I think IBM needs to approach POWER similar to how ARM has built their ecosystem. ARM has managed to get their CPUs in the hands of developers in huge volumes, has put effort into open-source software support for through organisations like Linaro, and has many partners in many diverse fields.
On the flip side, IBM has largely gone at it alone for POWER; very few people have access to their systems, most of the people supporting POWER in the open source world are IBM employees, and outside of Freescale and a few others, there aren't that many people pushing POWER.
Hopefully this Open Power Consortium and their new-found focus on Linux will lead to them building a larger community around POWER and clawing their way back.
IBM is now living from the past. The managers and the rank and file are oblivious to the current state of the company. There is no sense of urgency to innovate. They are mainly focused on maintaining their PBC ratings above 2. The employees are just there to push the buttons and that is rewarded with promotions and commendations from the managers and executives who are also products of the inept system. Last time I checked our org chart under STG, we have more than 13 layers of managers who only supervises 3-5 direct reports at the bottom. We create new departments for the sake of creating first line managers from the direct reports to makefirst line managers a second line manager. These managers have nothing to do with innovation or production or support. They are just there to act like managers and nothing more. Another example of inefficiency from this company is the practice of oursourcing jobs to India or China. Many understand the disadvantage of US based employees when competing against the salary of engineers from these countries. BUt instead of replacing one engineer with another engineer from those low cost courties, IBM managers here will insist on hiring more engineers from those countries thinking that they can accomplish more if they add more engineers. They are using the salary of one engineer here in the US to hire 5 engineers abroad. Guess what, adding more engineers has not accomplished more and employees from both US and those countries art now competing for the little work. There is no vision on how to utilize all these employees. The question of how many IBMers does it take to screw a bulb applies to the current state of the company. I am just a few years from my retirement and I hope I survive it before IBM implodes. Wish me luck.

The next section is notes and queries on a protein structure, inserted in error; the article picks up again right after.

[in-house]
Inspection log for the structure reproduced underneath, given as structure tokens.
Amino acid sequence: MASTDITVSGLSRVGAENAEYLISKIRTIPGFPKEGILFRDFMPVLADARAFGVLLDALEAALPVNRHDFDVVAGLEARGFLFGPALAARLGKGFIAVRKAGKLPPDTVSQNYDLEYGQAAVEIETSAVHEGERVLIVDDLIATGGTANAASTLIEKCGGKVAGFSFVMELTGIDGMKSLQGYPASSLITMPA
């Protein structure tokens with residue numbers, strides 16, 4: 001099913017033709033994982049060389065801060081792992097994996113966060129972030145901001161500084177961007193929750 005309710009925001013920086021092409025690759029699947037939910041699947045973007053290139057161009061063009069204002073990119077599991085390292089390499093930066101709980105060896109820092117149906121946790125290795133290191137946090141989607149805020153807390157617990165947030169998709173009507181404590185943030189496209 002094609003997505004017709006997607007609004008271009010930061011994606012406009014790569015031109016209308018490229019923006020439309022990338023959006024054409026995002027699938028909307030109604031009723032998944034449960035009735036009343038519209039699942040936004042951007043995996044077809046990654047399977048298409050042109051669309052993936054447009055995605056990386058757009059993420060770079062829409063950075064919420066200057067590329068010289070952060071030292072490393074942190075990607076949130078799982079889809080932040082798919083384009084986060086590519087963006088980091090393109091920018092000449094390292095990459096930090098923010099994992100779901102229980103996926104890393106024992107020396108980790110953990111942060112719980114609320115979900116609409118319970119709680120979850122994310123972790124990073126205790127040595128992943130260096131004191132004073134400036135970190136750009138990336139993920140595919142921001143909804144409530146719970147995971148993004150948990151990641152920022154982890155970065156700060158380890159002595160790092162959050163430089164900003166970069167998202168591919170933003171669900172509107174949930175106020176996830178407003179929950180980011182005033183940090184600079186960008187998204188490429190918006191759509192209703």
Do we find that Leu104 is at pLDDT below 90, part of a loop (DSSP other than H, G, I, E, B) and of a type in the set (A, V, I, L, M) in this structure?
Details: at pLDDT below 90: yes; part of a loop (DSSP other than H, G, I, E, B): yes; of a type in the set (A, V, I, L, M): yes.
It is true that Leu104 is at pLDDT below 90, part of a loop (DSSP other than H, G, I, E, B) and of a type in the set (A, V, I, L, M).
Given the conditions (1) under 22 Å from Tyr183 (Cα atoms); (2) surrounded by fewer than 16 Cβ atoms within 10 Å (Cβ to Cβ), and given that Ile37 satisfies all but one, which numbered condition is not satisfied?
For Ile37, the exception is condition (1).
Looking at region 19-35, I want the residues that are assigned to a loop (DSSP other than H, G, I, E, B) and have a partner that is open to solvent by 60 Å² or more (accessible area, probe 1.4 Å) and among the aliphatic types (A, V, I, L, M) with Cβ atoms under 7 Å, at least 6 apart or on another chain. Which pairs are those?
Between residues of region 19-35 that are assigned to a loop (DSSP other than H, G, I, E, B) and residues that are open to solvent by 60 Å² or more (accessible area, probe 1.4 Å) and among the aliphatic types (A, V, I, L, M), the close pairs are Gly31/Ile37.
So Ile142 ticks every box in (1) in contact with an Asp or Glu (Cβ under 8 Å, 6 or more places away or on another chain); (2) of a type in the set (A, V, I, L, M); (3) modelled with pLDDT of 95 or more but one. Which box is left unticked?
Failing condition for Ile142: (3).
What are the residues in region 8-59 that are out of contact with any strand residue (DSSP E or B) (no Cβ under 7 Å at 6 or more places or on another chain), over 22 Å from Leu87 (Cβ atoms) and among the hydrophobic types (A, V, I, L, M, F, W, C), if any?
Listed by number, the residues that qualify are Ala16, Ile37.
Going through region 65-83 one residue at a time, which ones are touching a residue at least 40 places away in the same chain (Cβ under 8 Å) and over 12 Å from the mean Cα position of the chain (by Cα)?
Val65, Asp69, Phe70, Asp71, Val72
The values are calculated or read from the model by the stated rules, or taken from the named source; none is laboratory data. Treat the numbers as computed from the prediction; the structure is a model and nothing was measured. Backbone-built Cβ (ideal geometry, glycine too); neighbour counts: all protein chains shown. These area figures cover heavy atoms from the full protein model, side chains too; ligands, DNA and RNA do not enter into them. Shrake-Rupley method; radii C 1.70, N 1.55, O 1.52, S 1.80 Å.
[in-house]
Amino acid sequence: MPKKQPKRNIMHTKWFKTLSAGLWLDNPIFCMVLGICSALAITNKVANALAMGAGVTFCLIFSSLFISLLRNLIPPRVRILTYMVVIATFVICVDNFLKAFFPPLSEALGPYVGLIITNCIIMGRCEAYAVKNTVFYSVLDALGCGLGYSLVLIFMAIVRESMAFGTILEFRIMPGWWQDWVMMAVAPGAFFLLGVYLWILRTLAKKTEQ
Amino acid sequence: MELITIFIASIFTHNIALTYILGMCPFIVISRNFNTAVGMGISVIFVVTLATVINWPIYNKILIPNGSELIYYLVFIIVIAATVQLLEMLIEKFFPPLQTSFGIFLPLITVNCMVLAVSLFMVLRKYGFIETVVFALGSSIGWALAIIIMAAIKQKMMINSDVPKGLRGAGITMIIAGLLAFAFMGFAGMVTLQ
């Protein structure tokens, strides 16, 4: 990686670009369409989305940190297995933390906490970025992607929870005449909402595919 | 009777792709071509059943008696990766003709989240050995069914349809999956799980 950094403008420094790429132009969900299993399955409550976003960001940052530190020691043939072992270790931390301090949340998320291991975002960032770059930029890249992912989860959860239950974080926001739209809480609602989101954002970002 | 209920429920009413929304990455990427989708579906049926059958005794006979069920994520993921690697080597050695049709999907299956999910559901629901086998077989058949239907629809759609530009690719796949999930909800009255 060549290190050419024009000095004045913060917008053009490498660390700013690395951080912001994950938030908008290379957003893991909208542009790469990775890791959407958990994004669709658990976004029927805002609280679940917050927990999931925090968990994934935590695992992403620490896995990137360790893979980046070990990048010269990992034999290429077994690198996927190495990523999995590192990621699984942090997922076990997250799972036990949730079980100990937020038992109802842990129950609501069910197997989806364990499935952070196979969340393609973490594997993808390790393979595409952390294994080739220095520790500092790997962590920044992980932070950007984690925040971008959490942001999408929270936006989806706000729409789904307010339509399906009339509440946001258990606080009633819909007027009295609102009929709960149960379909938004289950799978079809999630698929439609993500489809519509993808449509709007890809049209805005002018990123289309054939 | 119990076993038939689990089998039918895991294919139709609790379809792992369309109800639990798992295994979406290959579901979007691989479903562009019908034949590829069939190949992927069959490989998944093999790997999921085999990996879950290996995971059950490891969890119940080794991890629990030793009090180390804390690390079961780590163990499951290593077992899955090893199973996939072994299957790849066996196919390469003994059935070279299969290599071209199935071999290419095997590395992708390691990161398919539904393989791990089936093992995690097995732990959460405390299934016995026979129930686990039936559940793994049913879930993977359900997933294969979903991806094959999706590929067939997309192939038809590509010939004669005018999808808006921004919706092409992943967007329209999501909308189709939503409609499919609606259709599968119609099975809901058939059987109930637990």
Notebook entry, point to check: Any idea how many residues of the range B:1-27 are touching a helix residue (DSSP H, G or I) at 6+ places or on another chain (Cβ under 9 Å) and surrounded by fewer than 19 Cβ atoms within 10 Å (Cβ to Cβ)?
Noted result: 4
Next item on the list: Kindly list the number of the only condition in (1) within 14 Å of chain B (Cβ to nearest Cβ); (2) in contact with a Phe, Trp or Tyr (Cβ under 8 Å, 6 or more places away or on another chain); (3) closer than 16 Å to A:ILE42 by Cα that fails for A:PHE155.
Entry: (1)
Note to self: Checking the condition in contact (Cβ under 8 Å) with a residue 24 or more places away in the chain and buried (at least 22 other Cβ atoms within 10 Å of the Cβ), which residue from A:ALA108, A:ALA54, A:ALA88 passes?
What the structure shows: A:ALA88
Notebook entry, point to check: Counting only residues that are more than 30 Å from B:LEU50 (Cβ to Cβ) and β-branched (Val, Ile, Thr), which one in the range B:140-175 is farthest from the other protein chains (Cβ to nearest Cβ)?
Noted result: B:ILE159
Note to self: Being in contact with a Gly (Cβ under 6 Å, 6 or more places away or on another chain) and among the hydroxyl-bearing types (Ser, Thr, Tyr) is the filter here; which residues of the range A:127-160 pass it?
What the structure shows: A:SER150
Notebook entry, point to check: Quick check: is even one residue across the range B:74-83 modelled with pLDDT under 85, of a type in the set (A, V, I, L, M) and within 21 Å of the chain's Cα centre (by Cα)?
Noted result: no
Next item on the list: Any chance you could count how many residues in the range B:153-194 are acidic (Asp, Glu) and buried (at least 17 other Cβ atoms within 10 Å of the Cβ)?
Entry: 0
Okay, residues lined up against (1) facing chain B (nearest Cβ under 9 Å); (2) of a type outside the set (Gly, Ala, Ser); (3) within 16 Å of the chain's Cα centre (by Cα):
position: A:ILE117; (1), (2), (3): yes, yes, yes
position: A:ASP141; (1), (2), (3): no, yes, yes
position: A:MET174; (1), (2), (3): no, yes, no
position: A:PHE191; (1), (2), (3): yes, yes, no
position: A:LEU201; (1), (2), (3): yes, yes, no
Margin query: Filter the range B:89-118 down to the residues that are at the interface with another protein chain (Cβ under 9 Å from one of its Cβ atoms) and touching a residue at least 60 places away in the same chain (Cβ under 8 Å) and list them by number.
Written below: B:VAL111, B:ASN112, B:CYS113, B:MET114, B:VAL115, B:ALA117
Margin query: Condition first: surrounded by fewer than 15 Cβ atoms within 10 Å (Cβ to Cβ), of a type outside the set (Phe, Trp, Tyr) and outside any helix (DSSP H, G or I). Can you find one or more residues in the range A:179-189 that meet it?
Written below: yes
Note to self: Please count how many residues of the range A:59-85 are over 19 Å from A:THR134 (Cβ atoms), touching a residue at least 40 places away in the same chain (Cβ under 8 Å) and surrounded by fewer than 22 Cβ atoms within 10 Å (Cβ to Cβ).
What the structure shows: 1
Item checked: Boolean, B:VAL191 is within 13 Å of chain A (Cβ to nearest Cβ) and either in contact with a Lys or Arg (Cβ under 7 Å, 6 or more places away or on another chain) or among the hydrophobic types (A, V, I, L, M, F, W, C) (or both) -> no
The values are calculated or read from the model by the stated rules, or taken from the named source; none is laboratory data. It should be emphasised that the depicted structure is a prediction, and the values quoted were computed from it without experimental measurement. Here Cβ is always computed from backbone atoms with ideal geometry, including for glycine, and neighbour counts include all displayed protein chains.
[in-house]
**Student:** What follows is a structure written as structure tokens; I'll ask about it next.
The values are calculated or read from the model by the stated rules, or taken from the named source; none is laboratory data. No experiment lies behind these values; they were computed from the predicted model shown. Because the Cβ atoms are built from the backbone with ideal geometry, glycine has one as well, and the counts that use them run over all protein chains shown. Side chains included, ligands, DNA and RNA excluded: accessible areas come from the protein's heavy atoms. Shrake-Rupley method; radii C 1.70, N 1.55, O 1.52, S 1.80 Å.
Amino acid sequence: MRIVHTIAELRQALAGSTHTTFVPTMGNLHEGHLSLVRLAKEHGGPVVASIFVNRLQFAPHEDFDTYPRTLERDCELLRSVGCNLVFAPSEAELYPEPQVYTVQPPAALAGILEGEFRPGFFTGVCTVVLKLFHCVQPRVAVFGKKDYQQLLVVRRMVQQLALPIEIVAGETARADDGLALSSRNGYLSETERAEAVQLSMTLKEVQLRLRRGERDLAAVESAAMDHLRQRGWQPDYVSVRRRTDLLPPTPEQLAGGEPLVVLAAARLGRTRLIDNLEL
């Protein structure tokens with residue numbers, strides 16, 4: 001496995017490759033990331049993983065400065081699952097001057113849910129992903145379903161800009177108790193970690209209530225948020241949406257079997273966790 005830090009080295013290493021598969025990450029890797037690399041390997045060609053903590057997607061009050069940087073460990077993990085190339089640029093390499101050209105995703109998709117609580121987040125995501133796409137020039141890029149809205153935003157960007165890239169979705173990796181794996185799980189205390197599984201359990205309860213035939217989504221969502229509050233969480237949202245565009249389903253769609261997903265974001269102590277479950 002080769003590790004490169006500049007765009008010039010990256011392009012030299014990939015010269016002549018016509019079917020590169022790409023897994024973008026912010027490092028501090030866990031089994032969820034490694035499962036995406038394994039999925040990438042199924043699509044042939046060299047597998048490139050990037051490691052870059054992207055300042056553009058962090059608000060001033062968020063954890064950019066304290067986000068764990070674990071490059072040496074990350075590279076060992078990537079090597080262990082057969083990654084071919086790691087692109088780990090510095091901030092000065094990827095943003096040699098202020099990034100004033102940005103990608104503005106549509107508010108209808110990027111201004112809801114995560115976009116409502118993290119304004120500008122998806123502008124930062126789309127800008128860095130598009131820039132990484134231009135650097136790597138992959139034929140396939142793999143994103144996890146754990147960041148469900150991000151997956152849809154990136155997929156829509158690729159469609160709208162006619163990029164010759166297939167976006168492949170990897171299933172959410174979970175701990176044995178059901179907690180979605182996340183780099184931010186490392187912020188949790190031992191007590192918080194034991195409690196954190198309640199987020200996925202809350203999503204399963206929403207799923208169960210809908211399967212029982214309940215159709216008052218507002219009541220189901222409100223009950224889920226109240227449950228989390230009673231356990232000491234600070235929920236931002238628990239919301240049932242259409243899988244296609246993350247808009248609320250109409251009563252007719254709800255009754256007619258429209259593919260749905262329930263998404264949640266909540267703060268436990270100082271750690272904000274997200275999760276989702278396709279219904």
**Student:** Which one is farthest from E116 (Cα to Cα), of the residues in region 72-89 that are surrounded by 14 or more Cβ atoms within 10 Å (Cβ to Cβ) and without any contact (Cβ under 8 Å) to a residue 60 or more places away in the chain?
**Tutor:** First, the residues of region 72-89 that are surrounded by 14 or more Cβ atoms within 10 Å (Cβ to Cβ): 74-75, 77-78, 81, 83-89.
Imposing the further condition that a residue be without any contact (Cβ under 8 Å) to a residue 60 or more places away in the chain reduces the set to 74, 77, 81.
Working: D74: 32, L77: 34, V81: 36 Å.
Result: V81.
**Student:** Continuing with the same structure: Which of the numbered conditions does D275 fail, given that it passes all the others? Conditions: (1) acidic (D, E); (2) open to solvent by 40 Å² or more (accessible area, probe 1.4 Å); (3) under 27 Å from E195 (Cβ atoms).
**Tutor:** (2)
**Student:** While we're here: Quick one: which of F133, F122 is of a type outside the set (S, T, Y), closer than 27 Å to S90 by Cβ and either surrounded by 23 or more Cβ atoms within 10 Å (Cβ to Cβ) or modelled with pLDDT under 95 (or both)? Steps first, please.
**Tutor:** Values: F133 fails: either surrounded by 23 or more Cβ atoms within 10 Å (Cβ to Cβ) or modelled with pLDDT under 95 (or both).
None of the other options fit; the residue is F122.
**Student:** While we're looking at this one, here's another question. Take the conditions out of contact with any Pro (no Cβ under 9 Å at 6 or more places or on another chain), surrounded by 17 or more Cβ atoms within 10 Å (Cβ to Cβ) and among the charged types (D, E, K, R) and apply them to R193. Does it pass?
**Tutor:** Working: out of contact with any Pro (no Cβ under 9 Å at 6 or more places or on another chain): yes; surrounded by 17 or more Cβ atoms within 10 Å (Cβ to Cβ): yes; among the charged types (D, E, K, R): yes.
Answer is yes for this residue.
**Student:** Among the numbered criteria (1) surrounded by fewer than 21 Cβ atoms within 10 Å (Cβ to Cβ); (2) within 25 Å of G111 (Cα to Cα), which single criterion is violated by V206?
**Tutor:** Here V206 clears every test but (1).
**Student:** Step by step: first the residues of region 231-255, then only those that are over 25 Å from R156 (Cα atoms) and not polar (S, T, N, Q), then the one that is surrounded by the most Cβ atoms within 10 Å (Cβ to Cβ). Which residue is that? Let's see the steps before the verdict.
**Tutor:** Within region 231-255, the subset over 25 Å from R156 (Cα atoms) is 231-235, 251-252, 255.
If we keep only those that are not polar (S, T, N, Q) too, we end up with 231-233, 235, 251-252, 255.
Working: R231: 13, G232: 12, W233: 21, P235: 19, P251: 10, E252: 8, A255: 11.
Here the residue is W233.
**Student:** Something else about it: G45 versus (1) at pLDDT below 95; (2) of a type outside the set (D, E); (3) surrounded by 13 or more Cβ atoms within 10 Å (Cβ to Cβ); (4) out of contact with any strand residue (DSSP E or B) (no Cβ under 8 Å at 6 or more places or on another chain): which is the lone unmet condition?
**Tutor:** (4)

IBM is a strange company. They seem to fade from relevance and appear to teeter on the brink of becoming obsolete, but somehow manage to remain a power house through it all. I have no doubt they'll pull through, but I haven't got the darndest idea how.